Richard VanDeWeghe taught writing, rhetoric, and literature at three universities. He was Chair of the English Department at the University of Colorado, Denver. He founded the Denver Writing Project and was Field Director for the National Writing Project. He has published numerous articles in academic journals in literacy education and a book, Engaged Learning, which applies eastern philosophy, neurological science, and empirical research to learning and teaching across the curriculum.  

Jimmy Quinn is the first of three historical novels set in the Traverse City State Hospital. The trilogy covers the three critical periods in the decline of the asylum—the 1950's, 1960's, and the 1980's. The asylum was closed in 1989. Each novel situates an imaginative narrative within the historical events of the times.

Richard makes his home in northern Michigan, on the original Traverse City State Hospital grounds, now called the Village Commons—the largest urban residential-commercial redevelopment project in the country. His home is in a renovated building that was once the men's infirmary at the asylum. On a warm summer evening, one can find him playing his ukulele on a side porch, his dog Lucy asleep beside him.




Jimmy Quinn

In the 1950s, in a small town in northern Michigan, a state mental hospital well recognized for its patient care is increasingly threatened by a mysterious collusion of local greed and state politics. What begins as chronic vandalism soon spirals to physical assault.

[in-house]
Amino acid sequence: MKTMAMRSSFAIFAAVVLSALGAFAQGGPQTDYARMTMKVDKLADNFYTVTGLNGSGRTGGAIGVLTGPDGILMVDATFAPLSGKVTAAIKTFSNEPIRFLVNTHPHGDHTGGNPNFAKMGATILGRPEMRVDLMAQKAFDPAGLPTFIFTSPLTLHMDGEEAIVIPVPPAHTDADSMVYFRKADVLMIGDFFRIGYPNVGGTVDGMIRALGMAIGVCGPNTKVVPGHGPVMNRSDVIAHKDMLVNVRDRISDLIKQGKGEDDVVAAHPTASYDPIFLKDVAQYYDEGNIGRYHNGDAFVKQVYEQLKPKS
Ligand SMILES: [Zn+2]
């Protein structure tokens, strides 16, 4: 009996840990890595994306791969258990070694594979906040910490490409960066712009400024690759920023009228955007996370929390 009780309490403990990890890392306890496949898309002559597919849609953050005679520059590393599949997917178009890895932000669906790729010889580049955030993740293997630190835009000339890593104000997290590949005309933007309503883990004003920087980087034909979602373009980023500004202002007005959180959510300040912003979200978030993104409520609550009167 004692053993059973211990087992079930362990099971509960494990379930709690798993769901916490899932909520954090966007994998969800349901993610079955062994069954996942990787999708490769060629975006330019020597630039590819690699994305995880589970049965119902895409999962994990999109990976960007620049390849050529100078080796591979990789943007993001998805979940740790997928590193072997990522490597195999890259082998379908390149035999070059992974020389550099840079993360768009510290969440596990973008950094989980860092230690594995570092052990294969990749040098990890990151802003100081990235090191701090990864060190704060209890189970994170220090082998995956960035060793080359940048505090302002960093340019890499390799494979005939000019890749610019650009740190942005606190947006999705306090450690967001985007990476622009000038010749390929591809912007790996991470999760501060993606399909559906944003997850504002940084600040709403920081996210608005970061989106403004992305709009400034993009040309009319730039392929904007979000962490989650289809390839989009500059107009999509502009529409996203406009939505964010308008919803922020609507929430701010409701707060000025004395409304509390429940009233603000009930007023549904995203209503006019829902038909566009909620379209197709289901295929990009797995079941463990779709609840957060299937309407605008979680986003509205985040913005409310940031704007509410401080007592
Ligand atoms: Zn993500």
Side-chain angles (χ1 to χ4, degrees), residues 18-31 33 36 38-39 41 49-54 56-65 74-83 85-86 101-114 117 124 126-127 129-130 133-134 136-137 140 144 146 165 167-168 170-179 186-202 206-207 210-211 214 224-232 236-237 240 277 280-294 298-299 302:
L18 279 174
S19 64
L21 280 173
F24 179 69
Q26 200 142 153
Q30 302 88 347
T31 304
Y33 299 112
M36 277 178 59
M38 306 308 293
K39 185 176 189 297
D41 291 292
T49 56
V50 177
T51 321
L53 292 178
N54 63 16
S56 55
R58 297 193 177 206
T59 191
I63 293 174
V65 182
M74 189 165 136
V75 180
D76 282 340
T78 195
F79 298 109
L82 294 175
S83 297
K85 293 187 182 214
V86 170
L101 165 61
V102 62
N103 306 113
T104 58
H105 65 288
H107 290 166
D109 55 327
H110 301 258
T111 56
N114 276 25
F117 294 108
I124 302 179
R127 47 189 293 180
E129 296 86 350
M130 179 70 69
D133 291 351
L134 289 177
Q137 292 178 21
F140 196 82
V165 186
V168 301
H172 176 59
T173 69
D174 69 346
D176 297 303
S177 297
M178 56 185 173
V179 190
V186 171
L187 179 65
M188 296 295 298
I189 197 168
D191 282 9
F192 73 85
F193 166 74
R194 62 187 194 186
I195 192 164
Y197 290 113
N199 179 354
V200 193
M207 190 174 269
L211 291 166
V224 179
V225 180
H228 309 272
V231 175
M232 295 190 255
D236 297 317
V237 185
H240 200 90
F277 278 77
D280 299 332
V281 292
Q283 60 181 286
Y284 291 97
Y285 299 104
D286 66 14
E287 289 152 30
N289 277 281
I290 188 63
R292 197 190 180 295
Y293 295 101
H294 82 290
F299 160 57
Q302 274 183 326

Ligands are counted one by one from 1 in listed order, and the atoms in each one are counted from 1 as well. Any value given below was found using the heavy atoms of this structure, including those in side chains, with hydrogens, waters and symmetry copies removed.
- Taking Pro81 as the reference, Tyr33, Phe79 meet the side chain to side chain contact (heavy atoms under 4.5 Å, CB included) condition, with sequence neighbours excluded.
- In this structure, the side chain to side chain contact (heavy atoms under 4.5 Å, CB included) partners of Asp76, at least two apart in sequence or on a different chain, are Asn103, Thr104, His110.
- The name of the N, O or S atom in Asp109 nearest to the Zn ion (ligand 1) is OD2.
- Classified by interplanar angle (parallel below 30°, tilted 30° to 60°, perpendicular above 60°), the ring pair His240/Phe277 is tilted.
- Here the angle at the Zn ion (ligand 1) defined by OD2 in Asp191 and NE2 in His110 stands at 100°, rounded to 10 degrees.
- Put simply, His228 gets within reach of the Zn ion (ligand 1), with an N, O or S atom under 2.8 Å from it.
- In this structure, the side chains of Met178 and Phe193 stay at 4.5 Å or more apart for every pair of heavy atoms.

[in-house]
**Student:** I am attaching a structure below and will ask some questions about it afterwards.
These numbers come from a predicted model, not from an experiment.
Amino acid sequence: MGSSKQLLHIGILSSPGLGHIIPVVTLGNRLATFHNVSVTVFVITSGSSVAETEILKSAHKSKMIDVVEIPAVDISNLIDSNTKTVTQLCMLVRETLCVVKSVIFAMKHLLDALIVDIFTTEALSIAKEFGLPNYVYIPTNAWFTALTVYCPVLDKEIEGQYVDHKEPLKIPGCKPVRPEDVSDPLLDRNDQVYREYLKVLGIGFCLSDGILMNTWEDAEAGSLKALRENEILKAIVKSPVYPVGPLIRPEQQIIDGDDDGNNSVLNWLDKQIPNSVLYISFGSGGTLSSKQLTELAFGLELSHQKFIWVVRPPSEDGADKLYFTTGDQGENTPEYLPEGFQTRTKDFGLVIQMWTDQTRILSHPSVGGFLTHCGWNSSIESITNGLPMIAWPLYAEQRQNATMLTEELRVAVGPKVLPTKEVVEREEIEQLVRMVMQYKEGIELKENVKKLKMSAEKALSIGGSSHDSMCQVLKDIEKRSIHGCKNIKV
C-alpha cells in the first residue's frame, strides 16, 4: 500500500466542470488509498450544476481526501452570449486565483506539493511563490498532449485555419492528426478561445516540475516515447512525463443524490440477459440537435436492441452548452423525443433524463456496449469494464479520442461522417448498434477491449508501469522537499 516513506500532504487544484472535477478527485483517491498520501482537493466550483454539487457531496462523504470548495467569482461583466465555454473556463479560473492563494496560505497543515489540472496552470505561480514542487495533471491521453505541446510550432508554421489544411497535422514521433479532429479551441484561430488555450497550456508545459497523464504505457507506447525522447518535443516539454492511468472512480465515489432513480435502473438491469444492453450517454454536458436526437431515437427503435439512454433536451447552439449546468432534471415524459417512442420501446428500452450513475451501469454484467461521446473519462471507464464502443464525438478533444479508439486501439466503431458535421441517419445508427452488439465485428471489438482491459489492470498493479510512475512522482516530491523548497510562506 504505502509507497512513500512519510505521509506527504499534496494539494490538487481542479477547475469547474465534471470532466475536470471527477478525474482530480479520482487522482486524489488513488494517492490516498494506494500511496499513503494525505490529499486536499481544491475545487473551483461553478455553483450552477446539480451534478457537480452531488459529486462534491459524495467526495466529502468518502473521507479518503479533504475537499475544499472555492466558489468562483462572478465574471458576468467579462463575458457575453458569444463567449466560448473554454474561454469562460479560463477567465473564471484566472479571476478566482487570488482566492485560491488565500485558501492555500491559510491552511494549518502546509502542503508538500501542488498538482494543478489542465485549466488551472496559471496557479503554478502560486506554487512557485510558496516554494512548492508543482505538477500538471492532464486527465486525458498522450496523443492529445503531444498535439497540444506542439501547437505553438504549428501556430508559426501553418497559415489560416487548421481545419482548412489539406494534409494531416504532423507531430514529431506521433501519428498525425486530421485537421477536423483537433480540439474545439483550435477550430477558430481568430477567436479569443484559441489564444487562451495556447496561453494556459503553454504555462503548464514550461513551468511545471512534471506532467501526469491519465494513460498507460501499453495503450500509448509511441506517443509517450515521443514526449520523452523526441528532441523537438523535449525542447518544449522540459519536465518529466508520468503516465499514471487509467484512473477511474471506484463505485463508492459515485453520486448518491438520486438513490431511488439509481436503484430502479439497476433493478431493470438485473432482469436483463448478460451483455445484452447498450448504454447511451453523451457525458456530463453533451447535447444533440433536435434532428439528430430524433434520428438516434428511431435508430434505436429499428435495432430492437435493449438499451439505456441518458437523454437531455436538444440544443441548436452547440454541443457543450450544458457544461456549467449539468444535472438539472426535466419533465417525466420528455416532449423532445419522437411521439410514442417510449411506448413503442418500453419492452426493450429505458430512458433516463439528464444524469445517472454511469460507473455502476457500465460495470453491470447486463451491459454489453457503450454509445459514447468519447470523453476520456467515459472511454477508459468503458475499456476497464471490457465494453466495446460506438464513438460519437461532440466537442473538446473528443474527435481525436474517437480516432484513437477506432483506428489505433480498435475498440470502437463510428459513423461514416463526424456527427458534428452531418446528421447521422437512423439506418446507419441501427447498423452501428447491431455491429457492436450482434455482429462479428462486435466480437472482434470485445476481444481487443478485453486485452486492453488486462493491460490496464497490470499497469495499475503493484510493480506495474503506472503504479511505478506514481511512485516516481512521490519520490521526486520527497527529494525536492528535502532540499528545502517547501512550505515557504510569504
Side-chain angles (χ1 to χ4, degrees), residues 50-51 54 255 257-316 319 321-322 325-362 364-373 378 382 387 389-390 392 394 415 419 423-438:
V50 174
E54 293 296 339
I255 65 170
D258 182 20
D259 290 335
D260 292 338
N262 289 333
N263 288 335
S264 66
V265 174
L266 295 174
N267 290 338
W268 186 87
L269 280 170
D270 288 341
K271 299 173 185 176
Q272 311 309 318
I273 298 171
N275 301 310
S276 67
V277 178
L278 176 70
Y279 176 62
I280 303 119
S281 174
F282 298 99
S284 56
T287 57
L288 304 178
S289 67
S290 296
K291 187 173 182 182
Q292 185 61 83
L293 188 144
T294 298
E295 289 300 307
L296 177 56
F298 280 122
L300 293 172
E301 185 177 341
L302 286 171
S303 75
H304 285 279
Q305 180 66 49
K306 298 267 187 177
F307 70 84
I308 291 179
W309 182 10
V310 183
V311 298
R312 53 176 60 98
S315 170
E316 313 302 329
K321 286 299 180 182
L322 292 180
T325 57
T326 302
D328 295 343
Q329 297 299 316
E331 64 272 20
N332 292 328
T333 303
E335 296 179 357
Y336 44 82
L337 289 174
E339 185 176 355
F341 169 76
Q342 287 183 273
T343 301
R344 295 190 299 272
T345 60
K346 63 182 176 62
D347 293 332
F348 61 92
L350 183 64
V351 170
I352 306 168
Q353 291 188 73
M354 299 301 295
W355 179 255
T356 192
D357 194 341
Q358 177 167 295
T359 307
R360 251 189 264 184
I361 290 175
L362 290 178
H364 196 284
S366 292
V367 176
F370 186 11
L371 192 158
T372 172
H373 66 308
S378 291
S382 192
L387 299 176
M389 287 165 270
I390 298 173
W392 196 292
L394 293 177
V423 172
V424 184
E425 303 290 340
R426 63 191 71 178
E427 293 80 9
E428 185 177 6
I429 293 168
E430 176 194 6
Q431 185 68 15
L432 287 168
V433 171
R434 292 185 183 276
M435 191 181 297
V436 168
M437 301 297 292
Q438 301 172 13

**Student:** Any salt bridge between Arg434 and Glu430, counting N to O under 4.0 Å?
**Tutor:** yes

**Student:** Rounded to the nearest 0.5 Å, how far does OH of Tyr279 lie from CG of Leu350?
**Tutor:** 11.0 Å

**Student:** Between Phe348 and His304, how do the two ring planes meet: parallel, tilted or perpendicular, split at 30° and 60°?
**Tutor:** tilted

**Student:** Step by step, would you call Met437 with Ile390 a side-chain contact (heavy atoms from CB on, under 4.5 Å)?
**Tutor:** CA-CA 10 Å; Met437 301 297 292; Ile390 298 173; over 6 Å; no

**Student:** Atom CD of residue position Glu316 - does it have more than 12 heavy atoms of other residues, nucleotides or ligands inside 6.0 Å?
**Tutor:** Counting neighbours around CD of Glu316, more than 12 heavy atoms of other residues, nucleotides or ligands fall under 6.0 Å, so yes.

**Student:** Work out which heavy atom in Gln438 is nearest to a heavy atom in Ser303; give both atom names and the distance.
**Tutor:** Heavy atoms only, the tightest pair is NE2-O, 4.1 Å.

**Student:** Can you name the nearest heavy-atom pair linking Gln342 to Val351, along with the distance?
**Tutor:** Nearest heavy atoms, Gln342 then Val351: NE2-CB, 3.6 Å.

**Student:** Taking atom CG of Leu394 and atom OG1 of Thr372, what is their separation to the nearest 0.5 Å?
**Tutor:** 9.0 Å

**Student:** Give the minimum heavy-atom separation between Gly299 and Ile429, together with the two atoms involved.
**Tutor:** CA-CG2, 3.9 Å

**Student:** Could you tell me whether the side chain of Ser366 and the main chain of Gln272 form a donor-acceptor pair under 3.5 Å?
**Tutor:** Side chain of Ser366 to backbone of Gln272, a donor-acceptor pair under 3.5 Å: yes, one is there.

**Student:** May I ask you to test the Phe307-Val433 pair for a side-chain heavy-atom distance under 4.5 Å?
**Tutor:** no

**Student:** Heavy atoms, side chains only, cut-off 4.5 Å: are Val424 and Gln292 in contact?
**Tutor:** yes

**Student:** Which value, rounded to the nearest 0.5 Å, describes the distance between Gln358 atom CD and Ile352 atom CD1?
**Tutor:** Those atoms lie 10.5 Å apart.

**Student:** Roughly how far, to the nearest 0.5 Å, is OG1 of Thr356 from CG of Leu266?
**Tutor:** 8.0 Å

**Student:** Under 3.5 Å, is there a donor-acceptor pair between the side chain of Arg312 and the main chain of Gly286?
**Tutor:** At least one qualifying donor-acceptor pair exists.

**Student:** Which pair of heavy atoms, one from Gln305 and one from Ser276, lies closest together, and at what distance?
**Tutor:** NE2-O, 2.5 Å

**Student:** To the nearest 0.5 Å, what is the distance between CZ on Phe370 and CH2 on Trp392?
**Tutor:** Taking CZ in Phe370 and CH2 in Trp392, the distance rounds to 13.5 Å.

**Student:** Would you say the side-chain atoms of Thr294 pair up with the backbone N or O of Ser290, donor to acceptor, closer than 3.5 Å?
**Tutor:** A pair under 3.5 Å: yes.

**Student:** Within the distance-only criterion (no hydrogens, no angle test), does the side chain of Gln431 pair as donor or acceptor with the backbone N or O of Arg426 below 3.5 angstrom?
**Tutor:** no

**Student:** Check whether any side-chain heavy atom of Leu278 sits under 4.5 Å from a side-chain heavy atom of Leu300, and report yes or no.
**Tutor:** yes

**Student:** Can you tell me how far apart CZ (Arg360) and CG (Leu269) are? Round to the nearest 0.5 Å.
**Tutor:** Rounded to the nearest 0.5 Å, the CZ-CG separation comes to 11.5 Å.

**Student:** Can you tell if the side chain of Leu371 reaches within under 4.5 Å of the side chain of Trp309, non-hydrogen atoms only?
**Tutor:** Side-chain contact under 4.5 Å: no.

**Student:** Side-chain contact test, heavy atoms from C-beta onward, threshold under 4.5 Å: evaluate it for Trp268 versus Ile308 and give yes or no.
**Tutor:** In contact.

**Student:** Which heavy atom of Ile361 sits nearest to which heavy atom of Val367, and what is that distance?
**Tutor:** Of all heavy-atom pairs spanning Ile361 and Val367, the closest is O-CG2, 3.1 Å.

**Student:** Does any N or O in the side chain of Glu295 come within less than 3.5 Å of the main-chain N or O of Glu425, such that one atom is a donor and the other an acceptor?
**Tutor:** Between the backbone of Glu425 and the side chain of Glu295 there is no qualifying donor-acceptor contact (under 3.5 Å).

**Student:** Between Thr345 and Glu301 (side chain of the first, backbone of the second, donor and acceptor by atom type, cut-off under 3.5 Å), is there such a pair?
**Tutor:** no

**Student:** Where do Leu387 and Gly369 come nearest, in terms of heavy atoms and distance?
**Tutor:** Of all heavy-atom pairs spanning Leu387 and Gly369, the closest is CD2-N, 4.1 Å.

Struggling to make sense of the mysterious events, psychology intern Henry Merchartt wrestles with agonizing challenges to his ethical beliefs as he navigates the complex world of the hospital, patients and staff, and the local community and tension builds. In the process, Henry develops a brotherly bond with Jimmy Quinn, a patient whose work at the asylum illuminates for Henry the critical dignity that accompanies humanistic patient care.

Henry's moral indignation mounts as Jimmy falls victim to the effects of the collusion's endangerment of patient participation in work programs. Henry puts his professional and personal life in jeopardy, propelling him from simply being a closet social critic to taking dramatic, covert illegal actions for Jimmy's sake.

An unforgettable story of fraternal love and human compassion, Jimmy Quinn weaves together two narrative arcs. One is the hospital’s tragic loss of its “work is therapy” approach to patient care. The other is the development of Henry’s moral courage, as he chronicles it with the voice of a skilled reporter


Paperback | ISBN 978-1-947309-29-6 | 402 pages
FICTION / Historical / General
PHILOSOPHY / Ethics & Moral Philosophy